A Saudi investor monitors the bourse at the Al-Bilad Saudi Bank in Riyadh on Monday. A negative factor for the broader Saudi market yesterday was the absence of any significant fund inflows from abroad since the bourse opened to direct foreign investment on Monday.


Most Gulf bourses slipped yesterday, despite higher oil prices, as some local retail investors stepped back from the markets with the beginning of the holy month of Ramadan.
Saudi Arabia’s main index edged down 0.4% and Al Rajhi Bank, down 1.0%, was the main drag on the benchmark.
Al Rajhi, a leading retail lender which accounts for a large share of Saudi Arabia’s interest-free deposits, had risen 3.0% this week as investors bet on a hawkish statement by the US Federal Reserve after its policy meeting.
Higher US interest rates, which Saudi Arabia would have to match because its riyal is pegged to the dollar, could boost the profit margins of lenders like Al Rajhi. But the Fed on Wednesday lowered its forecasts for 2015 US economic growth because of a weak start to the year and reduced its federal funds rate forecast.
A negative factor for the broader Saudi market was the absence of any significant fund inflows from abroad since the bourse opened to direct foreign investment on Monday.
The latest stock exchange data showed foreign institutions made no significant investments on Wednesday. According to Reuters calculations based on the data, foreigners in total bought a mere $3mn of local stocks directly between Monday and Wednesday, although some additional inflows may not have been registered in the data because they were too small.
Only one institution, HSBC, has so far publicly announced that it obtained a licence to invest directly from the kingdom’s Capital Market Authority. The regulator itself has not announced any licence awards, but Saudi Arabian newspaper Okaz quoted a CMA official as saying on Wednesday that it would start publishing regular reports on approvals of applications “soon”.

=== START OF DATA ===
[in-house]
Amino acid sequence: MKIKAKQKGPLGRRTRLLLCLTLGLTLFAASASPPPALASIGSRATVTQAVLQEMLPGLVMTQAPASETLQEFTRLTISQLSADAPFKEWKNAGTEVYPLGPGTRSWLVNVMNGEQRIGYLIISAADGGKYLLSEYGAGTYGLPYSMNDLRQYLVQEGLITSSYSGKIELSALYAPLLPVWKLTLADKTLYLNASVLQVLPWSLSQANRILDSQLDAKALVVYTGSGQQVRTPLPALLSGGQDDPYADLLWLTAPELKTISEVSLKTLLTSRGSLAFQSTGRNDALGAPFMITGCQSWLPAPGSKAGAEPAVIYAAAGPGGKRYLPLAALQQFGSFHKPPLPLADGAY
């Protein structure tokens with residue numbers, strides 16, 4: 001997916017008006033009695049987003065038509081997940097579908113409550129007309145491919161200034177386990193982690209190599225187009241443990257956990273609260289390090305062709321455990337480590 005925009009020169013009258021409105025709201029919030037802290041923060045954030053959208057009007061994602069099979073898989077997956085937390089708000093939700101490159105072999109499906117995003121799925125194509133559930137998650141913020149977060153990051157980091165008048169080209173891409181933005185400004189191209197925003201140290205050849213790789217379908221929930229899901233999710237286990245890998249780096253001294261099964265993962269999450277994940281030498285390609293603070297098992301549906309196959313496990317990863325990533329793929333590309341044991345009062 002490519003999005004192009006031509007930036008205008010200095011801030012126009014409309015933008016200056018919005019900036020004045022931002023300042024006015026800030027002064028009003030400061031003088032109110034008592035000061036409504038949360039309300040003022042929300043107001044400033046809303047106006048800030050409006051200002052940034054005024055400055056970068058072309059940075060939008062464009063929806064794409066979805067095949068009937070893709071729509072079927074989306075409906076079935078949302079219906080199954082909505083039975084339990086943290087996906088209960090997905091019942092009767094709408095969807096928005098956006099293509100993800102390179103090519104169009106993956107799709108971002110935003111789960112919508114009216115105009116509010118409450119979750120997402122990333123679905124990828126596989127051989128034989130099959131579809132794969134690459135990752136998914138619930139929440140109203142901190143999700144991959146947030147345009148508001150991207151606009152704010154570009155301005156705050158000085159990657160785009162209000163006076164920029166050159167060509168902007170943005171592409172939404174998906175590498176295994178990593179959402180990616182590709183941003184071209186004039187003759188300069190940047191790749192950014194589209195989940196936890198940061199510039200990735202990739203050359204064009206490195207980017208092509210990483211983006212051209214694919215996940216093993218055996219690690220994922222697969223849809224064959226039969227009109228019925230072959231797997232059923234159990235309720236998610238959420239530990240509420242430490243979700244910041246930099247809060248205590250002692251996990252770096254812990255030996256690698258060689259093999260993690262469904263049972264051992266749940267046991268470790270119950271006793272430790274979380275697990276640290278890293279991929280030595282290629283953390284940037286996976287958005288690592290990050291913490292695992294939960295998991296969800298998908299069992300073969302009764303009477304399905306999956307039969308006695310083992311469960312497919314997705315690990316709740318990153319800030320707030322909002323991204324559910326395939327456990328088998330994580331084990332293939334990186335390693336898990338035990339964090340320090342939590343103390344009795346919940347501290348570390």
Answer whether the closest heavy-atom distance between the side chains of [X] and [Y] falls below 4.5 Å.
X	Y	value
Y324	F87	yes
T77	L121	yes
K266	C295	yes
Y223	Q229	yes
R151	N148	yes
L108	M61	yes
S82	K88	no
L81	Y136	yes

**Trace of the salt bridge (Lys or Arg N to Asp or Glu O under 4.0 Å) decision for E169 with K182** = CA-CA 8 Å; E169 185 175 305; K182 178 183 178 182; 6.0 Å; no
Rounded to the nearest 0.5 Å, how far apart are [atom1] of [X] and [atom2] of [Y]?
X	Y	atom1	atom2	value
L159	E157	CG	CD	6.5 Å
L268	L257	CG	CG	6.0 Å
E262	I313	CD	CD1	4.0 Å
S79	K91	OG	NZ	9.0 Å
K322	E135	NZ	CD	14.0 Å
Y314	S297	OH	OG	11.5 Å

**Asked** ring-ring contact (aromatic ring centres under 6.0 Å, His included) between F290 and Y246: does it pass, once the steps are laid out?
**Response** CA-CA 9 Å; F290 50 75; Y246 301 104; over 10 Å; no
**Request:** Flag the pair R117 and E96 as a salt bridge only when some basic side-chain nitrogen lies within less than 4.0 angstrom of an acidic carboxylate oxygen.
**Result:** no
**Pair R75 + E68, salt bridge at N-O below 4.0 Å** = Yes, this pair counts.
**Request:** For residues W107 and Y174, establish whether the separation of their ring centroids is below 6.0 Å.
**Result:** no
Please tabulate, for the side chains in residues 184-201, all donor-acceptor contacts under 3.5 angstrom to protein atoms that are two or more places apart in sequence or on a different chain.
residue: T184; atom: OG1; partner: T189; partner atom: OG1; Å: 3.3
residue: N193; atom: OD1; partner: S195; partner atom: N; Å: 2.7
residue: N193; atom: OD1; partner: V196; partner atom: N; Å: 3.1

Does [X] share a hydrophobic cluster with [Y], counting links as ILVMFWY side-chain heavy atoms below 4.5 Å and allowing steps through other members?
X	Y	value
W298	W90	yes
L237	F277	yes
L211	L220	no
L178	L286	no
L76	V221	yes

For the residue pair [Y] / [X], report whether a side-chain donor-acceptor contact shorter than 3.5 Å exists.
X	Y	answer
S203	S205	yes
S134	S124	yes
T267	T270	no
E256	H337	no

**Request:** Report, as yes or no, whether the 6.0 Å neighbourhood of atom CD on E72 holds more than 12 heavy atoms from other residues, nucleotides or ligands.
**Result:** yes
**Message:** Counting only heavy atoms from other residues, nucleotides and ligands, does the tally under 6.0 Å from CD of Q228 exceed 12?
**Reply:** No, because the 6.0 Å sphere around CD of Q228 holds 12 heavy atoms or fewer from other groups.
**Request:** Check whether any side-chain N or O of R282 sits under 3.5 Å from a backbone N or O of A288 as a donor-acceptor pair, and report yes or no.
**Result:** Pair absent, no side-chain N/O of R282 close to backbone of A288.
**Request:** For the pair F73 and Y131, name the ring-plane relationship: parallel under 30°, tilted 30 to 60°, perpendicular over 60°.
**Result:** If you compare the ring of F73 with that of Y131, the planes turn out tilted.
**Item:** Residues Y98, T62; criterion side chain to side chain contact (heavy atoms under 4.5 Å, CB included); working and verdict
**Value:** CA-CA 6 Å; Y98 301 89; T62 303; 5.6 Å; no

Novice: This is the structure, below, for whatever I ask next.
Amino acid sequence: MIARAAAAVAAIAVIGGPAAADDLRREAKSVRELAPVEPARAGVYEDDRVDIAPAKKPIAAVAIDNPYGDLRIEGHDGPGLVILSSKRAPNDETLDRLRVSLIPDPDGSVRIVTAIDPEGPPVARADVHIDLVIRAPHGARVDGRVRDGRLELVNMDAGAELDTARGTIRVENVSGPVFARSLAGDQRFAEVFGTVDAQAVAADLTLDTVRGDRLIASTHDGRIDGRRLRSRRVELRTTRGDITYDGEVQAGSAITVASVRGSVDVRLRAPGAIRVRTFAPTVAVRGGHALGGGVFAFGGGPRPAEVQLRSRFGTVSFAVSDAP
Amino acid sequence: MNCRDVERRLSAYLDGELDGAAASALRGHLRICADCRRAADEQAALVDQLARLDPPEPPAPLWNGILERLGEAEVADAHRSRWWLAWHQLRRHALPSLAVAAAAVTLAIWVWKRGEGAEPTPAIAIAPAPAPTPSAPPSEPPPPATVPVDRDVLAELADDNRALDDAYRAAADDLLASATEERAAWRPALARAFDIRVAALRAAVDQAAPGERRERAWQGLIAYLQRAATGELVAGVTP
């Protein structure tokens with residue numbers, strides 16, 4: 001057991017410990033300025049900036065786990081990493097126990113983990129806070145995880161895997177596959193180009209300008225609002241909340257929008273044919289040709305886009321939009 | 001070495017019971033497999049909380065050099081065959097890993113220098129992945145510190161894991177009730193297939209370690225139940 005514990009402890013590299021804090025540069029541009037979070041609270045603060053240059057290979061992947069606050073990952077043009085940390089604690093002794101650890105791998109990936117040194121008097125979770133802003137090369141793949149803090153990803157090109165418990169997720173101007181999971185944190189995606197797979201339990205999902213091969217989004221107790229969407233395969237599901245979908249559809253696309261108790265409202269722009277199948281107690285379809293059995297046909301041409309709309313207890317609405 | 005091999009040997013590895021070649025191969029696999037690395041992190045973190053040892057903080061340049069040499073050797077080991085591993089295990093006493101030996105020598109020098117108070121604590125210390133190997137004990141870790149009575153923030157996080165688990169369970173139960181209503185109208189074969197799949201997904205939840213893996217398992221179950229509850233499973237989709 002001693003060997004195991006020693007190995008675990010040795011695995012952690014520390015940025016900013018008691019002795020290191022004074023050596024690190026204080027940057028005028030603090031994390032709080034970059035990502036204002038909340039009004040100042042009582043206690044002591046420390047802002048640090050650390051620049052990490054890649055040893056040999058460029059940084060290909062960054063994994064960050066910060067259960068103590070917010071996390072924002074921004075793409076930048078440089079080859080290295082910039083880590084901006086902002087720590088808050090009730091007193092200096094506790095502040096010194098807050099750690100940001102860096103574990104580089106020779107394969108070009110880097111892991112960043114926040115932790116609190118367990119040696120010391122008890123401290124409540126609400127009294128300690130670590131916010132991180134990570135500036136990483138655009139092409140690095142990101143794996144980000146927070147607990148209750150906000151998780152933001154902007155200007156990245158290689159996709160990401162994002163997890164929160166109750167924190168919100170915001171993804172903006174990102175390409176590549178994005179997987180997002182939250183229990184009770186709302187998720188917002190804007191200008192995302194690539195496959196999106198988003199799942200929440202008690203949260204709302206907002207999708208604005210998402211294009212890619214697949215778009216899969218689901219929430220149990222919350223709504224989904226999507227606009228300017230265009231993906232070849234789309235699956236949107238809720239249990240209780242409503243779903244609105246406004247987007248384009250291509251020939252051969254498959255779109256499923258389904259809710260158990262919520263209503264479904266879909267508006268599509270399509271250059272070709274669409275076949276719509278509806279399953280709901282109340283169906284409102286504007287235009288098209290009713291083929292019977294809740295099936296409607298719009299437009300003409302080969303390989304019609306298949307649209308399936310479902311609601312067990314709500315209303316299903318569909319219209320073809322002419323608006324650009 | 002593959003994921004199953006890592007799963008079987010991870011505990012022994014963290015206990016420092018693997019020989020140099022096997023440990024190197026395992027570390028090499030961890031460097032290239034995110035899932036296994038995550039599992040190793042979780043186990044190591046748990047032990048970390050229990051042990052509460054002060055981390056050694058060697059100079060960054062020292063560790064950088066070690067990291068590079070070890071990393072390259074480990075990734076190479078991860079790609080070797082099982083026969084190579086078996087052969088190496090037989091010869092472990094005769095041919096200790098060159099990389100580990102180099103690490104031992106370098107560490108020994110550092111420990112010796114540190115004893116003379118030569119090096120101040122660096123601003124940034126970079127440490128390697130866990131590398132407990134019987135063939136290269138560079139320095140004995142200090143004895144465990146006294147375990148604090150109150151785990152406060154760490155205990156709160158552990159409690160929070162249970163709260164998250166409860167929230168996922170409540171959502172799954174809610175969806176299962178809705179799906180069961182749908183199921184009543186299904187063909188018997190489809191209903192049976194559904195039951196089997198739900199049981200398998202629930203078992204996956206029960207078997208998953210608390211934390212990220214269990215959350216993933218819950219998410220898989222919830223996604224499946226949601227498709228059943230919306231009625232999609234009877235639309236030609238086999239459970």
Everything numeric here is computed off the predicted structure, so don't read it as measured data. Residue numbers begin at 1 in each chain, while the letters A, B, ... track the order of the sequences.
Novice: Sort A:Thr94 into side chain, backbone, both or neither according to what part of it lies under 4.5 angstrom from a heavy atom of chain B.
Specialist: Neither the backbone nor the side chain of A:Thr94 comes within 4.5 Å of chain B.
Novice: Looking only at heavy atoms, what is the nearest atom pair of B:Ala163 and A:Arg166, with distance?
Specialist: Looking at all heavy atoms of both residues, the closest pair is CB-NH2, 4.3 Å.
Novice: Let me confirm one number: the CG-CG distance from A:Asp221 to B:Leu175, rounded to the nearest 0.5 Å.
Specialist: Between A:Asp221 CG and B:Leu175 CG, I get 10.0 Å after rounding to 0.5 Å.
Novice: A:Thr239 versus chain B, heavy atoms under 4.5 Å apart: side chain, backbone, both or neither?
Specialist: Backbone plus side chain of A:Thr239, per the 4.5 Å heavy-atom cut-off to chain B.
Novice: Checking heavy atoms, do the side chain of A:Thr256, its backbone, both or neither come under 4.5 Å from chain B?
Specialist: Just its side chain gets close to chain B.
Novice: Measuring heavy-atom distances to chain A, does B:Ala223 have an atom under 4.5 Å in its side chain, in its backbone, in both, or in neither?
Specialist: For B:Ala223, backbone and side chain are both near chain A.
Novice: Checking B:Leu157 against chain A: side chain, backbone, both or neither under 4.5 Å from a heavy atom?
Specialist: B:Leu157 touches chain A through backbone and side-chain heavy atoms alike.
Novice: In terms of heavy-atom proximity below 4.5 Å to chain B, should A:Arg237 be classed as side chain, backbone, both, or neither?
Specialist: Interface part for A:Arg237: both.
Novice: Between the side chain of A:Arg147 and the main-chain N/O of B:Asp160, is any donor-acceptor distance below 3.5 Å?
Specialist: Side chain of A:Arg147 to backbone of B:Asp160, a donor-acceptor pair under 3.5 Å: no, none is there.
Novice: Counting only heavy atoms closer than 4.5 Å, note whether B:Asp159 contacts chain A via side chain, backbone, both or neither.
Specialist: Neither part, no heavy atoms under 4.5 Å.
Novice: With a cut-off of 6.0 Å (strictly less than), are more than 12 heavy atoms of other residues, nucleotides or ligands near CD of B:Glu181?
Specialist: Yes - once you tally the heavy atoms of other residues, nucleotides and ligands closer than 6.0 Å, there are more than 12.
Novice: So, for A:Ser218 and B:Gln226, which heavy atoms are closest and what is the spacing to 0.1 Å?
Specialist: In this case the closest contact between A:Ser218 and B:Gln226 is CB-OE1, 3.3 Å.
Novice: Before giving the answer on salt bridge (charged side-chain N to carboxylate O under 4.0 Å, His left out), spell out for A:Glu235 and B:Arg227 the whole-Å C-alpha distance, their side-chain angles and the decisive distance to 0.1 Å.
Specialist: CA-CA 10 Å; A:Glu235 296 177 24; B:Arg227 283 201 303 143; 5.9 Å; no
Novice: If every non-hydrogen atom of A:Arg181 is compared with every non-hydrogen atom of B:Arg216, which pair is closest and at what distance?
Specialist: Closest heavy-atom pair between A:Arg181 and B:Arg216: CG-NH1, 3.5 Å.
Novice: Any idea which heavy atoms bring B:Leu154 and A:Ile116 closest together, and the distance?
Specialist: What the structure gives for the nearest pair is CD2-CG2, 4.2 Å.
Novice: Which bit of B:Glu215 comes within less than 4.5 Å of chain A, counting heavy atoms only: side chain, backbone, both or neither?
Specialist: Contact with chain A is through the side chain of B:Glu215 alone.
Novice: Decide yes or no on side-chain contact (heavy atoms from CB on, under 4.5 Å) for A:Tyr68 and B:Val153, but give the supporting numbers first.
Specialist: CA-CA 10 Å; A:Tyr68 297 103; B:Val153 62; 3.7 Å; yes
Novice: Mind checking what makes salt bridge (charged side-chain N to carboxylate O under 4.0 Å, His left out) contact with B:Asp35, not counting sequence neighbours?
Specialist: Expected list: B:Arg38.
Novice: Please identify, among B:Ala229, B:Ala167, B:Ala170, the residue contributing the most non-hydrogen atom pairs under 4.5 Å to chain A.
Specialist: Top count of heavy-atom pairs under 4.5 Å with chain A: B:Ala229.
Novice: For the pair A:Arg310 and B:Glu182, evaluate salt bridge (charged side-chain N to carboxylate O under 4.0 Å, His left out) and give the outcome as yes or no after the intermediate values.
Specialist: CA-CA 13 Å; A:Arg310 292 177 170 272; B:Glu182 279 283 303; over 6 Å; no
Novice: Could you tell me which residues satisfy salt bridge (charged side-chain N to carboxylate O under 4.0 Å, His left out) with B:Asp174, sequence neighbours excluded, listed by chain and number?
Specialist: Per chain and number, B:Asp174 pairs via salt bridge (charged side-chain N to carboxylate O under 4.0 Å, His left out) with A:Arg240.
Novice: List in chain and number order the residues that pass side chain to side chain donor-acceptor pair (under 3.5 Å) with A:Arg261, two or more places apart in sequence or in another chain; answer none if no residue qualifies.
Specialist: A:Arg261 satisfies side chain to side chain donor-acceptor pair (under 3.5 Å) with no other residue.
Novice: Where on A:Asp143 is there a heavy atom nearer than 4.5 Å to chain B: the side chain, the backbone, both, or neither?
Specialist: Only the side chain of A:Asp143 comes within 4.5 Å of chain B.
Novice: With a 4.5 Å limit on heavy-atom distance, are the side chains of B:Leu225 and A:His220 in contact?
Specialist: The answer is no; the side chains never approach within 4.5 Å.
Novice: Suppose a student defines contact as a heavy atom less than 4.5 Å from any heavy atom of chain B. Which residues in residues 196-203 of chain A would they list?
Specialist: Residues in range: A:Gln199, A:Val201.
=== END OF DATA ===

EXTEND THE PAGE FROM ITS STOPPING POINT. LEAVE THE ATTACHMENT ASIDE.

High valuations of Saudi stocks compared to global averages, operational issues such as a requirement for same-day settlement, and the fact that it is expected to be at least two years before Saudi Arabia joins major global equity indexes have all limited foreign interest.
Dubai’s index fell 0.6%, as heavyweight Emaar Properties slid 1.0% after its Egyptian subsidiary Emaar Misr priced its initial public offer at 3.8 Egyptian pounds per share. It had said the offer would be priced at between 3.5 and 4.25 pounds per share.
Mortgage lender Amlak Finance, which is also part-owned by Emaar, was one of the most traded stocks, tumbling 4.4%. The stock had more than doubled in price on speculative buying after it resumed trading this month following a six-year suspension, but now investors appear to be closing their positions.
Most other Gulf markets also slipped, with the exception of Qatar, which inched up 0.1%.
Egypt’s index edged up 0.2% but the market showed a roughly equal split between gainers and losers. El Sewedy Electric, which said this week it had entered into an agreement to develop a 50 MW solar energy power plant, climbed 2.3%.
Property firm SODIC fell 0.7% after announcing the resignation of its managing director Ahmed Badrawi, who had held the position since March 2013. The company said Badrawi was leaving of his own accord but did not elaborate.
Kuwait’s index fell 0.5% to 6,237 points; Oman’s index lost 0.2% to 6,455 points, while Bahrain’s index was flat at 1,367 points.

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